Like the crowded house of Te Ao-kapurangi
Kerri Anne Hancock
In late March this year, I was discussing the rāhui (lockdown) and the coronavirus crisis to my 6-year-old daughter. I was trying to convey the seriousness of the pandemic and why we were to stay in our mirumiru (bubble) without panicking her with apocalyptic ramblings.
Being ever solutions focused, my daughter offered me the following reassurances:
“Karekau raru Māmā. Hei te wā ka tangi a Ranginui, ma wōna roimata te ao e horoi, kātahi ka mate te mate korona.”
“No problem Māmā – When Ranginui (the Sky Father) cries, his tears will cleanse the world and the coronavirus will die.”
What I loved about this statement was that my daughters default response is to look to her taiao (environment) and her whakapapa (geneology) for solutions. As Māori, we are intrinsically linked to our taiao through our whakapapa. Solutions are almost always found in our pūrakau (stories), our karakia (prayers), our waiata (songs) – our mātauranga (Māori knowledge).
Taking my daughter's lead, I also look to my whakapapa for answers in how we support women to get us through the crisis. And I found out that Te Arawa women are amazing in a crisis.
Anō ko te whare whawhao a Te Ao-kapurangi - Like the crowded house of Te Ao-kapurangi
Some of you may have heard about the Ngāti Rangiwewehi and Tapuika chieftainess, Te Ao-kapurangi. During a battle between Ngā Puhi and Te Arawa iwi in the 1820s, she struck a deal with the enemy, Hongi Hika, to protect her people. Hika agreed that all those who passed beneath Te Ao-kapurangi’s thighs would be spared from the onslaught during the battle. Faced with this crisis, Te Ao-kapurangi climbed atop a house, and had her people enter through the doorway above which she was straddling.
Not only was this innovative ‘out of the box’ thinking on Te Ao-kapurangi’s part, it showed how when faced with a crisis, leadership that can adapt quickly is key. It’s also important to know that it wasn’t as simple for her people as walking into a house. In passing underneath Te Ao-kapurangi’s whare tangata (womb) this went against tikanga Māori (Māori customs) where there are serious spiritual implications in regard to highly spiritual concepts known as tapu and noa. Te Ao-kapurangi’s solution was not perfect - but for the circumstances - it was courageous, brave, and effective.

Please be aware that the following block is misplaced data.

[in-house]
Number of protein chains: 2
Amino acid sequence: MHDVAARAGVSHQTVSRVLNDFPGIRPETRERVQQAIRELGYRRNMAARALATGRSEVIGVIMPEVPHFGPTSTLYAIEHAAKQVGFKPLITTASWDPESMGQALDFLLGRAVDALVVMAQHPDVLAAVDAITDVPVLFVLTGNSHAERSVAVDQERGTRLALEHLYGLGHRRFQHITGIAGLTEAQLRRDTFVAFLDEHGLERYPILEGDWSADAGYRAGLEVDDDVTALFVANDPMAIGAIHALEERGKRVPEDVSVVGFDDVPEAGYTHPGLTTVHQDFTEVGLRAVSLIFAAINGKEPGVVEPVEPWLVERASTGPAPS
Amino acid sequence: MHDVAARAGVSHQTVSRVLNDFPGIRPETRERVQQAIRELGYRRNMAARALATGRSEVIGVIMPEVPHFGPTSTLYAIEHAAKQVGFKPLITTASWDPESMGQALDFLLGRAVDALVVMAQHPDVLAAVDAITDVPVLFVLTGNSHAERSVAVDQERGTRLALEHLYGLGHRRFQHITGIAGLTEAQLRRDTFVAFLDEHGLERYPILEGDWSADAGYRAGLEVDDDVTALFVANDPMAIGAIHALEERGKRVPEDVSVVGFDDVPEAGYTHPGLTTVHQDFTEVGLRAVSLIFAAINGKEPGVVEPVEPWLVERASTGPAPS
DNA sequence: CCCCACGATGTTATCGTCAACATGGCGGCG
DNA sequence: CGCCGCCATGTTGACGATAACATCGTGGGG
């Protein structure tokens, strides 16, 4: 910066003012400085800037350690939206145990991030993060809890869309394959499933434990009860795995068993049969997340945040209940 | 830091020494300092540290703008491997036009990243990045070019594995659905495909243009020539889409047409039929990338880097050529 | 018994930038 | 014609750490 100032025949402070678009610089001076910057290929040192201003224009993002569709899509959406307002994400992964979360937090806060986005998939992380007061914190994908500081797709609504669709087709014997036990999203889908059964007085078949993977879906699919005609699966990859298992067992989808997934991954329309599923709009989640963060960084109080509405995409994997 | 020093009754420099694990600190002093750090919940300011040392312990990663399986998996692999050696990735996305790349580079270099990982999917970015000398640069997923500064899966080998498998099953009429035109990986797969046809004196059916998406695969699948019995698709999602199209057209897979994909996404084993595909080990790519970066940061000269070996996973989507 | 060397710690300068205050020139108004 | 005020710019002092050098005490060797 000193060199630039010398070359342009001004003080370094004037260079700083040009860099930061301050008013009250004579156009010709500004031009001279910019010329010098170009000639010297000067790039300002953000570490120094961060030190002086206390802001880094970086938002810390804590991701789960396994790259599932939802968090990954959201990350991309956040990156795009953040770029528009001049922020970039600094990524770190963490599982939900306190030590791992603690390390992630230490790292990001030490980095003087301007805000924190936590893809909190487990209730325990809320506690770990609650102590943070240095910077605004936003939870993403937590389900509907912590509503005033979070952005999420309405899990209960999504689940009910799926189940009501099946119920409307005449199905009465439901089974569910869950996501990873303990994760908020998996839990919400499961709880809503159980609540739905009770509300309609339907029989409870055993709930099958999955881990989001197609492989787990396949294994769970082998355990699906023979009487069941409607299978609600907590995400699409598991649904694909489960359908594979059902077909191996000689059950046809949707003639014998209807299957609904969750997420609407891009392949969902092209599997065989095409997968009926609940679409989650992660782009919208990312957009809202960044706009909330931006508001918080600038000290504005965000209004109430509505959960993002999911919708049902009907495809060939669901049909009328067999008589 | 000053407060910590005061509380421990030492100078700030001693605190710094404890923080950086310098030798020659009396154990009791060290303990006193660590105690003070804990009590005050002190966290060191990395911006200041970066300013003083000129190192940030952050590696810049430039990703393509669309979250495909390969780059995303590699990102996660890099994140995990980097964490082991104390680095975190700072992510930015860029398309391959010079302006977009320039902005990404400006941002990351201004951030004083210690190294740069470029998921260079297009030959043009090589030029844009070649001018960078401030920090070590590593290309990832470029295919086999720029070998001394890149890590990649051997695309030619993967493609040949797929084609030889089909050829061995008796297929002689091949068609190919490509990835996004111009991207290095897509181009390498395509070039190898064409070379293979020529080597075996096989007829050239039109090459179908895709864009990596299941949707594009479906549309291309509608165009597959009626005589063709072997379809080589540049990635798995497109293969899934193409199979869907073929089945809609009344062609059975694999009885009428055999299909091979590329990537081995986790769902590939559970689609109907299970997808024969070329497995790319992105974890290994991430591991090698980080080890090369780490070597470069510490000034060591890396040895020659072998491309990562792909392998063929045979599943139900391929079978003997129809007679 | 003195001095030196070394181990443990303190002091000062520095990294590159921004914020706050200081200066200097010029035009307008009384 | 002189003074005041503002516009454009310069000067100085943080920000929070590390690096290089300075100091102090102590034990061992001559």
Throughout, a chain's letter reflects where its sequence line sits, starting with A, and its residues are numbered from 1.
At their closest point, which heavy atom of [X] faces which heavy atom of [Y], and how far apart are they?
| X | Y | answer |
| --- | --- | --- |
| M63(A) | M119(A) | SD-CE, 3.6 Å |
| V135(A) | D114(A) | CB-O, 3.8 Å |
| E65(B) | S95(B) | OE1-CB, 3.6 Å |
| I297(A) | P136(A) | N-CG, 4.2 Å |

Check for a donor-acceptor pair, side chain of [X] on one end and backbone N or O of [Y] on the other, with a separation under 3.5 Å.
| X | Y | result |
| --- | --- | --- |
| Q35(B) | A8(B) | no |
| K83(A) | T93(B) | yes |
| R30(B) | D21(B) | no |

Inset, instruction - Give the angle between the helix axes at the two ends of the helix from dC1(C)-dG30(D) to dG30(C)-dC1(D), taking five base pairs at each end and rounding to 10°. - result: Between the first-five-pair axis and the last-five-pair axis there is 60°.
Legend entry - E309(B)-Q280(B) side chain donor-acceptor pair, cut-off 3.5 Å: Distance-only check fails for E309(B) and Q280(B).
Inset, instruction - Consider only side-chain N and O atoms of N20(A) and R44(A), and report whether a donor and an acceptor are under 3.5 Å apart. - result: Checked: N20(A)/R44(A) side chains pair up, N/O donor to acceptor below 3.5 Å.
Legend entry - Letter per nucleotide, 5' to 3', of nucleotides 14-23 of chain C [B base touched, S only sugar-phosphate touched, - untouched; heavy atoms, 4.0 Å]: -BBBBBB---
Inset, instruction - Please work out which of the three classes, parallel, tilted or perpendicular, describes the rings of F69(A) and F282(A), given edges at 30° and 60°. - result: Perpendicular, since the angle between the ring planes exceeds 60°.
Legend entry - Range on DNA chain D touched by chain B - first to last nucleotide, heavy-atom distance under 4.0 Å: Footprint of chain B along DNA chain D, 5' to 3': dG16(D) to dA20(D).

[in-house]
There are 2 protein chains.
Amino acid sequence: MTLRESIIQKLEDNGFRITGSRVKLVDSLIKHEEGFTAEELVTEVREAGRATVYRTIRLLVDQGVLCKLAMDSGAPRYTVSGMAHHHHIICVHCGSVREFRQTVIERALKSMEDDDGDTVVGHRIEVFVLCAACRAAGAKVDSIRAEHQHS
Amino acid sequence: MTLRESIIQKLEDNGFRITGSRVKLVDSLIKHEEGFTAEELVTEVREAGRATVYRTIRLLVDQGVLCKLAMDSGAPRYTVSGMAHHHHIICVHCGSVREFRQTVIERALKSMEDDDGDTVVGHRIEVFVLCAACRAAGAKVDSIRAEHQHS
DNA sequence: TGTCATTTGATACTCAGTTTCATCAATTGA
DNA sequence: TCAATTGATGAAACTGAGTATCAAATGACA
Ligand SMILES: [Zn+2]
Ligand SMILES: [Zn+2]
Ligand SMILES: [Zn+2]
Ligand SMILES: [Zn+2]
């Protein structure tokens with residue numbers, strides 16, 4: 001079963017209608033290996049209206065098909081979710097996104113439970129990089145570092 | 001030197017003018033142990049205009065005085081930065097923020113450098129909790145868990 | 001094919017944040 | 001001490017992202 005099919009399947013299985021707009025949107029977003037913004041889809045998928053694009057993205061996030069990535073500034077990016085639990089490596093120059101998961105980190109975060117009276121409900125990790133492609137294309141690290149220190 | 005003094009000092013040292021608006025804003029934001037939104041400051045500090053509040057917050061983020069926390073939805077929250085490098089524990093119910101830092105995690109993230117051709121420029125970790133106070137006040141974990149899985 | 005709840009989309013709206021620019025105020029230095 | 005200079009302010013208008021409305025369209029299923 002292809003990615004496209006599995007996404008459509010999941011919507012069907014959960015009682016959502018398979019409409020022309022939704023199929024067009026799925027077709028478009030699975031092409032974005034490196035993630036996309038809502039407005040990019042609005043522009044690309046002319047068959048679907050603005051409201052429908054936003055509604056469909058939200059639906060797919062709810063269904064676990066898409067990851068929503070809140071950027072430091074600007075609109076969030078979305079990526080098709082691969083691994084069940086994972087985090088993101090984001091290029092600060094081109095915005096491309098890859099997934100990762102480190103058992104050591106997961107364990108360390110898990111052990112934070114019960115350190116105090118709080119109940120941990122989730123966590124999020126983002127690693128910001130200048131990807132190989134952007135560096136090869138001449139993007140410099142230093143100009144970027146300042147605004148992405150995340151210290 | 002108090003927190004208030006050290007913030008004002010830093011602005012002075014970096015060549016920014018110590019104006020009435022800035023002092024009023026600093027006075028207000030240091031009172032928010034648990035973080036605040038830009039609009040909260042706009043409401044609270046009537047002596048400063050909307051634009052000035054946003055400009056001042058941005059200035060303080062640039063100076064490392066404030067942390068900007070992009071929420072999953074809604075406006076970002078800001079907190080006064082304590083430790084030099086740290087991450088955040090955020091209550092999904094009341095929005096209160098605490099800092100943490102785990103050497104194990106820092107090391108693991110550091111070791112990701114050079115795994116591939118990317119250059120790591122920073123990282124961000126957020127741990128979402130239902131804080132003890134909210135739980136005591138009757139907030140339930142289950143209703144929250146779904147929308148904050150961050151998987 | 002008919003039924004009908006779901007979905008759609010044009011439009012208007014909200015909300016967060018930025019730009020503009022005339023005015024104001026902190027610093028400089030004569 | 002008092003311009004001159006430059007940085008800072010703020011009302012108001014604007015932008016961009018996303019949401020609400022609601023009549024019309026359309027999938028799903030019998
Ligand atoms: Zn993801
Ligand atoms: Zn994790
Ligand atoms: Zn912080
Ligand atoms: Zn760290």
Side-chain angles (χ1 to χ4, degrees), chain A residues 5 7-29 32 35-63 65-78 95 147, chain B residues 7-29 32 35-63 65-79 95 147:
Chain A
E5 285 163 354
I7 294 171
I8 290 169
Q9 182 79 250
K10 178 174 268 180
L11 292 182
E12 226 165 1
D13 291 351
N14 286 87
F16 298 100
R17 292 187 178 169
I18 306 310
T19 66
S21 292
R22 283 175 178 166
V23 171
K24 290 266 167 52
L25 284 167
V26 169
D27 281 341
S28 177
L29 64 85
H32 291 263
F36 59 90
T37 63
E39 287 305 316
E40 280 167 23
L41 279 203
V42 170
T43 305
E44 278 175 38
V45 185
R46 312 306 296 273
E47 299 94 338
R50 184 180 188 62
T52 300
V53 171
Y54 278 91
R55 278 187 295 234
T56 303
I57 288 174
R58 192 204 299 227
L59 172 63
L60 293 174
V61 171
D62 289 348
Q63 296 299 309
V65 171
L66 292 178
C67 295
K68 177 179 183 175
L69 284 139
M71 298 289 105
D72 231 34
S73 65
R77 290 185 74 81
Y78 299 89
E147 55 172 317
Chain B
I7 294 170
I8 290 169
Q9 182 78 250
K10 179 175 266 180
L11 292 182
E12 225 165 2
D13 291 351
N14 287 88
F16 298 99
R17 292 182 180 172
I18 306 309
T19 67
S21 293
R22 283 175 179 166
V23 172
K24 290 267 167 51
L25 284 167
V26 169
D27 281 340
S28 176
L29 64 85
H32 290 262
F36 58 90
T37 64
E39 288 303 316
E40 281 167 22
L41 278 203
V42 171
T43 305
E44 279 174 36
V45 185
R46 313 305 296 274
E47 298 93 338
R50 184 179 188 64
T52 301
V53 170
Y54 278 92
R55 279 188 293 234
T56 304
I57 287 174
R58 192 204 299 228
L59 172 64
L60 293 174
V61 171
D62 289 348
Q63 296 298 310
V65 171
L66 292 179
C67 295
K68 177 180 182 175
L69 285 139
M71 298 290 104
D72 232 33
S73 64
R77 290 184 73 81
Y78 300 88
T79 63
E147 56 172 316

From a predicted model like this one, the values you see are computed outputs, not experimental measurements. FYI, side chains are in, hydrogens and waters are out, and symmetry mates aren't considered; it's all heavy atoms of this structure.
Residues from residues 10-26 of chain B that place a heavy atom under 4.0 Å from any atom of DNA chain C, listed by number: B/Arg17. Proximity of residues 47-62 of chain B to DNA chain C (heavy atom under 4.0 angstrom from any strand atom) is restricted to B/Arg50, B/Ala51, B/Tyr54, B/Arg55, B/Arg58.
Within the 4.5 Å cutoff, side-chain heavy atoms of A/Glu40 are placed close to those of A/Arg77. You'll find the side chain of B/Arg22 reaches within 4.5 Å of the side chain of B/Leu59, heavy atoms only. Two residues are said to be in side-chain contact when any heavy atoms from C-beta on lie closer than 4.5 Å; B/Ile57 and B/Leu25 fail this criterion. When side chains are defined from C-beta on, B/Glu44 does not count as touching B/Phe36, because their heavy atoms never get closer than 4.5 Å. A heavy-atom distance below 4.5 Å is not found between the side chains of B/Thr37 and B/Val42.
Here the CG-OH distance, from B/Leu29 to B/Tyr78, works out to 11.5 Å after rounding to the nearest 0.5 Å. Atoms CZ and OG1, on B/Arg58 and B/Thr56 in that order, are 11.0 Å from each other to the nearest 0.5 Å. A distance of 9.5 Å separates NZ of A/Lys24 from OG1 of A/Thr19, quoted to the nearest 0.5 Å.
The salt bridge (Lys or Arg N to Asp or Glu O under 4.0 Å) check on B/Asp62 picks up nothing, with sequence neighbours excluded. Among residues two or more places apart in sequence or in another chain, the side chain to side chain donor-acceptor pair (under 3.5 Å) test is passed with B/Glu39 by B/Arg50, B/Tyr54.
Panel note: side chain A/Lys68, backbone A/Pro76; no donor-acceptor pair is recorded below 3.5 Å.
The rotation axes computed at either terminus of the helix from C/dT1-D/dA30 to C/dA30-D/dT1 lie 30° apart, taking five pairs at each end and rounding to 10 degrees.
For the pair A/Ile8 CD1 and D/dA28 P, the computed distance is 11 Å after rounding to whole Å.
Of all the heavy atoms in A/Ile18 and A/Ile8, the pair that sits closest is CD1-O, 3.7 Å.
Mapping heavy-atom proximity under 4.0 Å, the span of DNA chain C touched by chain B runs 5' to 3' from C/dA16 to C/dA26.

Today the survival of many Te Arawa (a confederation of iwi/tribes within the Bay of Plenty) iwi during this event has been attributed to the leadership of Te Ao-kapurangi, and the ability of the iwi to adapt tikanga to protect their whakapapa.
Solutions are not always perfect - and that’s ok. Te Ao-kapurangi tells us that while sometimes solutions are not perfect – sometimes we must act and do the best with what we know at the time. This pandemic has shown us this is not the time for ego or perfectionism. It’s time for action.
There are women like Te Ao-kapurangi in every whānau. For me, it’s my mum. Whenever there is a crisis in my family she transforms into this superwoman organising support for whānau, solving problems, delegating roles, shopping, cooking - she really is incredible. I am pretty sure she could feed 50 people a delicious meal with a bag of flour, 500g of mince and a packet of toothpicks. Beyond that, she also always asks the hard questions which many of us haven’t considered.
Our female leaders are the best placed to help wāhine both survive AND thrive post COVID-19 - and it is our job to get behind them. Here in Te Arawa, we have seen unprecedented (in modern times) action and collaboration during this crisis. Yes, we have incredible male leaders, but what I have loved is seeing our female leadership weave together solutions effortlessly during this time. The compassion, aroha, and fearlessness is organic, magical, and above all, effective.